While monitoring the API space I came across "a proposal to add an API to the web for sharing text, URLs and images to an arbitrary destination of the user's choice":
Web Share is a proposed web API to enable a site to share data (text, URLs, images, etc) to an arbitrary destination of the user's choice. It could be a system service, a native app or another website. The goal is to enable web developers to build a generic "share" button that the user can click to trigger a system share dialog.
The current options for sharing content from a web page are:
- Share buttons to specific web services (e.g., Facebook and Twitter buttons).
- Share buttons built into the browser UI. Many browsers, especially on mobile, have a "share" button that sends the current page URL to a native app of the user's choice.
Web Share provides a pretty simple, yet useful example for sharing links. I'm adding it to tmy toolbox for my embeddable research. Once I gather a variety of other tools and standards I will step back to look at the 100K view. I'm hoping to stimulate a more embeddable approach to conversational interfaces, something that us asynchronous antisocial folk can work with, going beyond just voice, and messaging.
In the summer of 2012, Steve Willmott approached me with the idea of doing an API conference. We had both been discussing the need for a vendor-neutral API conference throughout the year, and now he wanted to make it a reality. We got to work talking to potential sponsors to see if the idea would be financially viable, and after a handful of conversation, we quickly had the sponsor support we needed to go ahead with the real thing.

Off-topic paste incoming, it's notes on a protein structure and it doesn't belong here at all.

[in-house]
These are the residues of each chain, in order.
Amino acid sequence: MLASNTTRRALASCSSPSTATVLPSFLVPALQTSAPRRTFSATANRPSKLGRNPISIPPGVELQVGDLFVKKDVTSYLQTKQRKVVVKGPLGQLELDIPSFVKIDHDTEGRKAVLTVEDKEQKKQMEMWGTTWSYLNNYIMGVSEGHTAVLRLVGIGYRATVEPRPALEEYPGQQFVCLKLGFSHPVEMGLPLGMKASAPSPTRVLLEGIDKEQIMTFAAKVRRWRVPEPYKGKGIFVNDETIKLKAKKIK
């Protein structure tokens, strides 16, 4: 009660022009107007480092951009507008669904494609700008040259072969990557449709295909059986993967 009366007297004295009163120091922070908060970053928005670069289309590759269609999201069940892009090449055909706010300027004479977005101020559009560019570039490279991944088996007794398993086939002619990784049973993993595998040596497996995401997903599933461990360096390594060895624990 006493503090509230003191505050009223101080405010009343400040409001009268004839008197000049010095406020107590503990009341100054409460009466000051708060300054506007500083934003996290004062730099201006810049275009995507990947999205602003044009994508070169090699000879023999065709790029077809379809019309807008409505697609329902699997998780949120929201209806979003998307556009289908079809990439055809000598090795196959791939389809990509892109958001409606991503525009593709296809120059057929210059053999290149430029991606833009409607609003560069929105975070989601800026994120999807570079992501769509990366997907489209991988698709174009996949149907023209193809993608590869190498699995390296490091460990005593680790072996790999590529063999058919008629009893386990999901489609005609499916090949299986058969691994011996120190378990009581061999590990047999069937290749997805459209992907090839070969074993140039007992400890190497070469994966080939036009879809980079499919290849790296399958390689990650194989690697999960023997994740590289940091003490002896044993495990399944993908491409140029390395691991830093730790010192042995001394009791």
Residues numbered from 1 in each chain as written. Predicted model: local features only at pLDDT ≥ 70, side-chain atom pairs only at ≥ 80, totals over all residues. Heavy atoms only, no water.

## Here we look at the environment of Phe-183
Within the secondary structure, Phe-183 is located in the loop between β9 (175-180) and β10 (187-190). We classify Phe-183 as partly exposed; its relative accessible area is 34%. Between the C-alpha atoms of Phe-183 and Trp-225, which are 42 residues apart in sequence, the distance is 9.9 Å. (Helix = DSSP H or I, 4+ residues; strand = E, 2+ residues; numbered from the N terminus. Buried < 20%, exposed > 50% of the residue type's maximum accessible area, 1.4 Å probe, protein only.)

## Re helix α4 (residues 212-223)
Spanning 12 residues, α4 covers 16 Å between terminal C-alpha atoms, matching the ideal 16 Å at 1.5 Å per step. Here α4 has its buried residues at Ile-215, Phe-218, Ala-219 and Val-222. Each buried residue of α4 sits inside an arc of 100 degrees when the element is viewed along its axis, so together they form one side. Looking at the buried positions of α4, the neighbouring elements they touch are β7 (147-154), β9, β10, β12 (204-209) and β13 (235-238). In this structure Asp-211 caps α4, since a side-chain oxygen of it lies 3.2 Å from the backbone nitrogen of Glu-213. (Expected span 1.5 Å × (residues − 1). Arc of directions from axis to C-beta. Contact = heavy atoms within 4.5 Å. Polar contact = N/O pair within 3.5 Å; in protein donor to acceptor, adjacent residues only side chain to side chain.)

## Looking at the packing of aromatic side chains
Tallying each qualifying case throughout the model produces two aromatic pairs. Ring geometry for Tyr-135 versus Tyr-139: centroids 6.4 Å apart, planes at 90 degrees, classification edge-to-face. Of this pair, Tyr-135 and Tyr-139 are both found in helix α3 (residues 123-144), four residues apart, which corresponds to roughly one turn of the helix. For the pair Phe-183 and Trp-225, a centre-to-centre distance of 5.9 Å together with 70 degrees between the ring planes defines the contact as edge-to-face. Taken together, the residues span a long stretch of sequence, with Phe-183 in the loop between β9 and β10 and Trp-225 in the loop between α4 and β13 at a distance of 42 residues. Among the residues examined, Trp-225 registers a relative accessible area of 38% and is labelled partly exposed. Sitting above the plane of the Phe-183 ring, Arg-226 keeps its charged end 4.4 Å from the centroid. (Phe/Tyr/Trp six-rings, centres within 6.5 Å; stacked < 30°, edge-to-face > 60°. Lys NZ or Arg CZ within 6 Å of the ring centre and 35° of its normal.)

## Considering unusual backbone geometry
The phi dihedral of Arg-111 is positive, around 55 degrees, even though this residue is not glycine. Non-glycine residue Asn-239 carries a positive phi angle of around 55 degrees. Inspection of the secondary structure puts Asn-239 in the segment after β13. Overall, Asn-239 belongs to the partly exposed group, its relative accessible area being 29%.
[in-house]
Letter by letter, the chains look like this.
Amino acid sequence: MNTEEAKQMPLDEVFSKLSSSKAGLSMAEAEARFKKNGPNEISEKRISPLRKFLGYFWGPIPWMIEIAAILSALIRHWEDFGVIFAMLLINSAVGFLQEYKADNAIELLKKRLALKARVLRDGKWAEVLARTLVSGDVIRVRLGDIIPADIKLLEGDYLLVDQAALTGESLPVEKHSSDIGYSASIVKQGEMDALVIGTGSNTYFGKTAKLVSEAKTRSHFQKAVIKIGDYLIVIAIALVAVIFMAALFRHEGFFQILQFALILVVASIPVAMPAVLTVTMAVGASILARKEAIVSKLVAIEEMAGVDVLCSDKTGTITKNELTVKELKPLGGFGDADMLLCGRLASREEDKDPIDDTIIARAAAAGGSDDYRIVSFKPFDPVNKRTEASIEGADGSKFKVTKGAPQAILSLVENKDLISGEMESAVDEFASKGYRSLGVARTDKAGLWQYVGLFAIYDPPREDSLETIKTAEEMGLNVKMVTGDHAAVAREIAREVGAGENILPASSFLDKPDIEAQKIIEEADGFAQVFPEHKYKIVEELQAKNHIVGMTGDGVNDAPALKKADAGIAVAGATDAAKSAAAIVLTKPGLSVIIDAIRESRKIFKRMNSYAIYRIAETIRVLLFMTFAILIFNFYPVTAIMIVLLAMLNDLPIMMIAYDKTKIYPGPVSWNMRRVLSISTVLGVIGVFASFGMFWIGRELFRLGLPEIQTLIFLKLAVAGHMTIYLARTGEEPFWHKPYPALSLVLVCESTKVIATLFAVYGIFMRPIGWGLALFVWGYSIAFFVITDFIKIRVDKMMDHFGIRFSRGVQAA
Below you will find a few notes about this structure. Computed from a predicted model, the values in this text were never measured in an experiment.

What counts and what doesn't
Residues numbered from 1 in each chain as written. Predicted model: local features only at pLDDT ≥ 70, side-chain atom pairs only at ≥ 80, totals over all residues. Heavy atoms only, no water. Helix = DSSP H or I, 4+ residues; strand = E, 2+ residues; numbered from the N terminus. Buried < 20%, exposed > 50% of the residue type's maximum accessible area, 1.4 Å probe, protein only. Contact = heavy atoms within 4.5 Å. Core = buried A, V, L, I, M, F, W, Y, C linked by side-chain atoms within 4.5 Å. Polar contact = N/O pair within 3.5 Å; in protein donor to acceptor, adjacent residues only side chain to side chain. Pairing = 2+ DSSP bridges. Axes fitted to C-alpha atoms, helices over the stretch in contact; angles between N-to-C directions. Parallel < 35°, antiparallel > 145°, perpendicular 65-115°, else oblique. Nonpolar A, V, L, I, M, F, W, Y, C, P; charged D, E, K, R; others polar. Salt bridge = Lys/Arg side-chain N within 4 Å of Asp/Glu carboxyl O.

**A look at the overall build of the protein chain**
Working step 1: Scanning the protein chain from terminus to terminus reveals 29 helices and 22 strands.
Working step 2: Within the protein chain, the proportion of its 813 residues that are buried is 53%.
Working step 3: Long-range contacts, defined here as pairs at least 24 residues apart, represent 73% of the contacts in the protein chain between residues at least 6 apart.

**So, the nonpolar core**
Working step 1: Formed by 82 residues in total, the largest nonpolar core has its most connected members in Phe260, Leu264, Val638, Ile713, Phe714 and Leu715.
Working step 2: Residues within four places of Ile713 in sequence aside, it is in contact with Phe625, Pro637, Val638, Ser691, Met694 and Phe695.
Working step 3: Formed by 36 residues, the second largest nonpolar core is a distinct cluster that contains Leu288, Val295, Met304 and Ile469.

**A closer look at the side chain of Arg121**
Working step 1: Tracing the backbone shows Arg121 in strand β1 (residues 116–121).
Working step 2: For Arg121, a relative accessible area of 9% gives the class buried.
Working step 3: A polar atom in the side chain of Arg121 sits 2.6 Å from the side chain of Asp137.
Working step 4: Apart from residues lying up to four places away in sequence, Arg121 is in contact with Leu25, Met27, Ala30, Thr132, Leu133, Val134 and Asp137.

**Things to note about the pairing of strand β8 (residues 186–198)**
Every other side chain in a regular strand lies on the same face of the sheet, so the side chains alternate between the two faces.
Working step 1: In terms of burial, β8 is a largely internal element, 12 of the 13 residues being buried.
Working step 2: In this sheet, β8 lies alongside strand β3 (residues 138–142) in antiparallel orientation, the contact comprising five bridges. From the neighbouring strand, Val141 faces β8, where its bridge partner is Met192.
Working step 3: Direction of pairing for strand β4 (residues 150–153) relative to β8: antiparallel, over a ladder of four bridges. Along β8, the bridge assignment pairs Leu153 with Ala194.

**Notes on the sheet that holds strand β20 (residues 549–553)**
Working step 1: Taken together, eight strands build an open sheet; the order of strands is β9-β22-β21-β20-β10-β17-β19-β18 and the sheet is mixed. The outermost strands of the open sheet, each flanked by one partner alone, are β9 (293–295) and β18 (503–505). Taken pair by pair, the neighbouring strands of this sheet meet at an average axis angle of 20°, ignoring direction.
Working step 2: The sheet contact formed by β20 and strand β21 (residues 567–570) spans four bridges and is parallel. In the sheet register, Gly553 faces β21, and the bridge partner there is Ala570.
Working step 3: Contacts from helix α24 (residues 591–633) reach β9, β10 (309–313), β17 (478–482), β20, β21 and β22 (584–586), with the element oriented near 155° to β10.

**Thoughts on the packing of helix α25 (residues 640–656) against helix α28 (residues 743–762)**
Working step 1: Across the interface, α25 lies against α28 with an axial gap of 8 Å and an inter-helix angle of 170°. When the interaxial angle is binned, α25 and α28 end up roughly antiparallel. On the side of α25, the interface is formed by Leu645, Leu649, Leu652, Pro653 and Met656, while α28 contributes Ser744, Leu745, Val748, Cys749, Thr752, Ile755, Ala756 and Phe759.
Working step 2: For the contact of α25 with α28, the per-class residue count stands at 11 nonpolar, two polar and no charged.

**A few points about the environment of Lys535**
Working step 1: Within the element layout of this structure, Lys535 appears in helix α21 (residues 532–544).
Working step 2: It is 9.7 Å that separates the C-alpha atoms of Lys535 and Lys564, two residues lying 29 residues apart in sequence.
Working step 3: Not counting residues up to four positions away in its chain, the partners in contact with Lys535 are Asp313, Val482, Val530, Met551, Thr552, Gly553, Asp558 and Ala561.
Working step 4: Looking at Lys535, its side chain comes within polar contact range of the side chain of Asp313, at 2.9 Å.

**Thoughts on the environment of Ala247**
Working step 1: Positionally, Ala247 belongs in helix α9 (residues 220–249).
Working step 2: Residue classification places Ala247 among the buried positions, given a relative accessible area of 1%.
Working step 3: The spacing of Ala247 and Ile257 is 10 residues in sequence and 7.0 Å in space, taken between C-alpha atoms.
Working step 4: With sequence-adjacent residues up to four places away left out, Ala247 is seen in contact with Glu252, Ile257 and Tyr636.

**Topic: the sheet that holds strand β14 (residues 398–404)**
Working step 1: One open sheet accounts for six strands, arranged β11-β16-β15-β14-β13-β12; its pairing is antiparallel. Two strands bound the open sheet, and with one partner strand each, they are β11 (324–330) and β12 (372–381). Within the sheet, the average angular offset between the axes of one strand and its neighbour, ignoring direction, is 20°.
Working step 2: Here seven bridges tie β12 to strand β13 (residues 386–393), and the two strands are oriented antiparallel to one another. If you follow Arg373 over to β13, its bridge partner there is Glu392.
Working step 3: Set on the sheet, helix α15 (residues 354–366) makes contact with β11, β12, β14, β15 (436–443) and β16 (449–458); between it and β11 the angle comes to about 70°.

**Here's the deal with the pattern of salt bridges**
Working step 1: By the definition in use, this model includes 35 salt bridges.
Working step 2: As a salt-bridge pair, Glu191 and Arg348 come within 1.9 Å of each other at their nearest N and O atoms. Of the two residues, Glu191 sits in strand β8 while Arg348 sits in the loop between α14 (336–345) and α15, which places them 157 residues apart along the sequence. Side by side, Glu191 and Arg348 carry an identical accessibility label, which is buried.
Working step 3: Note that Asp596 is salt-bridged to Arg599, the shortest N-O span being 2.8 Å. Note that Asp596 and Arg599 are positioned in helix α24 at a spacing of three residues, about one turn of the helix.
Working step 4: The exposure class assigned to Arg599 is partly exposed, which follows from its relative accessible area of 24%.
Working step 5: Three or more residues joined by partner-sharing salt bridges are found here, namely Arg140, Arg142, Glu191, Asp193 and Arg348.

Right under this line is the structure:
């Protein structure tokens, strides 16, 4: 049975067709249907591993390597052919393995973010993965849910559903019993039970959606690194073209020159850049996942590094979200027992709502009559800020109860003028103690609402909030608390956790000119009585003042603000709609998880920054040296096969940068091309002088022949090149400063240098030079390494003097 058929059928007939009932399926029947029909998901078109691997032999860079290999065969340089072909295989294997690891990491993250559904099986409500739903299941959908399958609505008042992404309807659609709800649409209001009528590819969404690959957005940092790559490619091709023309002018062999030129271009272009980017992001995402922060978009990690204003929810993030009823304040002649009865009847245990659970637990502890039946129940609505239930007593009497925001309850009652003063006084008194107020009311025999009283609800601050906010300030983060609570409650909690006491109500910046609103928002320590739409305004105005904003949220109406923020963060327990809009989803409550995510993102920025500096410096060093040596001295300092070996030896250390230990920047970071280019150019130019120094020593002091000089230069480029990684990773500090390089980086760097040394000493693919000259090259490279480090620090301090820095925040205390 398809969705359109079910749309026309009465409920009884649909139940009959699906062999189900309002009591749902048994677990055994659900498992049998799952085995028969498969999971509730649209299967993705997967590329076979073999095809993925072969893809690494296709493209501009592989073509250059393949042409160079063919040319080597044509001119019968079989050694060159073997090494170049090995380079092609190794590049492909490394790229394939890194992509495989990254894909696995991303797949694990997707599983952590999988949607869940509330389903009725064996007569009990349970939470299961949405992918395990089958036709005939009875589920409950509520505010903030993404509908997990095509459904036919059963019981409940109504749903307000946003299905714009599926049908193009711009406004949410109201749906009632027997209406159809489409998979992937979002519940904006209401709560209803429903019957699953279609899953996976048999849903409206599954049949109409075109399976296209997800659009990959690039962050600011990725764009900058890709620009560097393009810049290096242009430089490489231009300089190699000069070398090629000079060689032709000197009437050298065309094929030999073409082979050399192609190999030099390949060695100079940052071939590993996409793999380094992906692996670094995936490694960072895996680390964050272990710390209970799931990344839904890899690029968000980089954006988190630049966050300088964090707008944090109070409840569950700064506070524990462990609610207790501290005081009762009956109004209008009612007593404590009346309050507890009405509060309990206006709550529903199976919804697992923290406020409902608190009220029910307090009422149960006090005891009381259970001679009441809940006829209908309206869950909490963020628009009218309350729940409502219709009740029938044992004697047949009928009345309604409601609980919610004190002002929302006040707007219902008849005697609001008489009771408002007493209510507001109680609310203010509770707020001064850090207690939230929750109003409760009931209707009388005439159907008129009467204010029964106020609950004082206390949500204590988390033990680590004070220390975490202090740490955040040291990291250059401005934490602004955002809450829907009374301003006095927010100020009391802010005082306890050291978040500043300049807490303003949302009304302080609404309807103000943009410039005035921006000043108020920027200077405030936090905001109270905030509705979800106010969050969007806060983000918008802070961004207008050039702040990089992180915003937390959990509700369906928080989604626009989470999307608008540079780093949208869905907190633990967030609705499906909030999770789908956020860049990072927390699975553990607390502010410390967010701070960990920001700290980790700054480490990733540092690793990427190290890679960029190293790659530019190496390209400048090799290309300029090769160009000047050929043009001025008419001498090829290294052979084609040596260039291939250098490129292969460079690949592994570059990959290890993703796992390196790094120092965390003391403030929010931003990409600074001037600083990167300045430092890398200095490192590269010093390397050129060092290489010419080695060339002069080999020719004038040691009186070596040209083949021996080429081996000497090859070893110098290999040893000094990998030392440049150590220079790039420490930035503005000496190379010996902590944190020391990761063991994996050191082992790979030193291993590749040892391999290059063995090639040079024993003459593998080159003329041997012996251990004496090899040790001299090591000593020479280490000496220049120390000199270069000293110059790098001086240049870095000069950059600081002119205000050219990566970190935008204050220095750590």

The first API Strategy & Practice (APIStrat) was scheduled for December 2012 in New York City, but had to be rescheduled to February of 2013 due to Hurrican Sandy. Honestly, it ended up working out well, with the first APIStrat ended up being sold out. After we did New York, we followed up with San Francisco, Amsterdam, Chicago, Berlin, Austin, and the latest edition in Boston last November, and after seven events, the conference will now be operated by the Linux foundation, as part of the OpenAPI Initiative.
I'm very happy to see the conference mature to this level. The conference has been a forum for sharing API knowledge for over three years, so it makes sense to elevate it as part of the movement at the OAI, something that is bigger than just the OpenAPI specification. The conference will have more reach, and resources available to it. APIStrat will have a much bigger events team, allowing it to continue to grow and evolve, beyond what Steve, myself, and the 3Scale team were able to make happen. It was a no-brainer to give the conference to the Linux Foundation, and the OAI--I couldn't imagine any better home for the conference I helped create.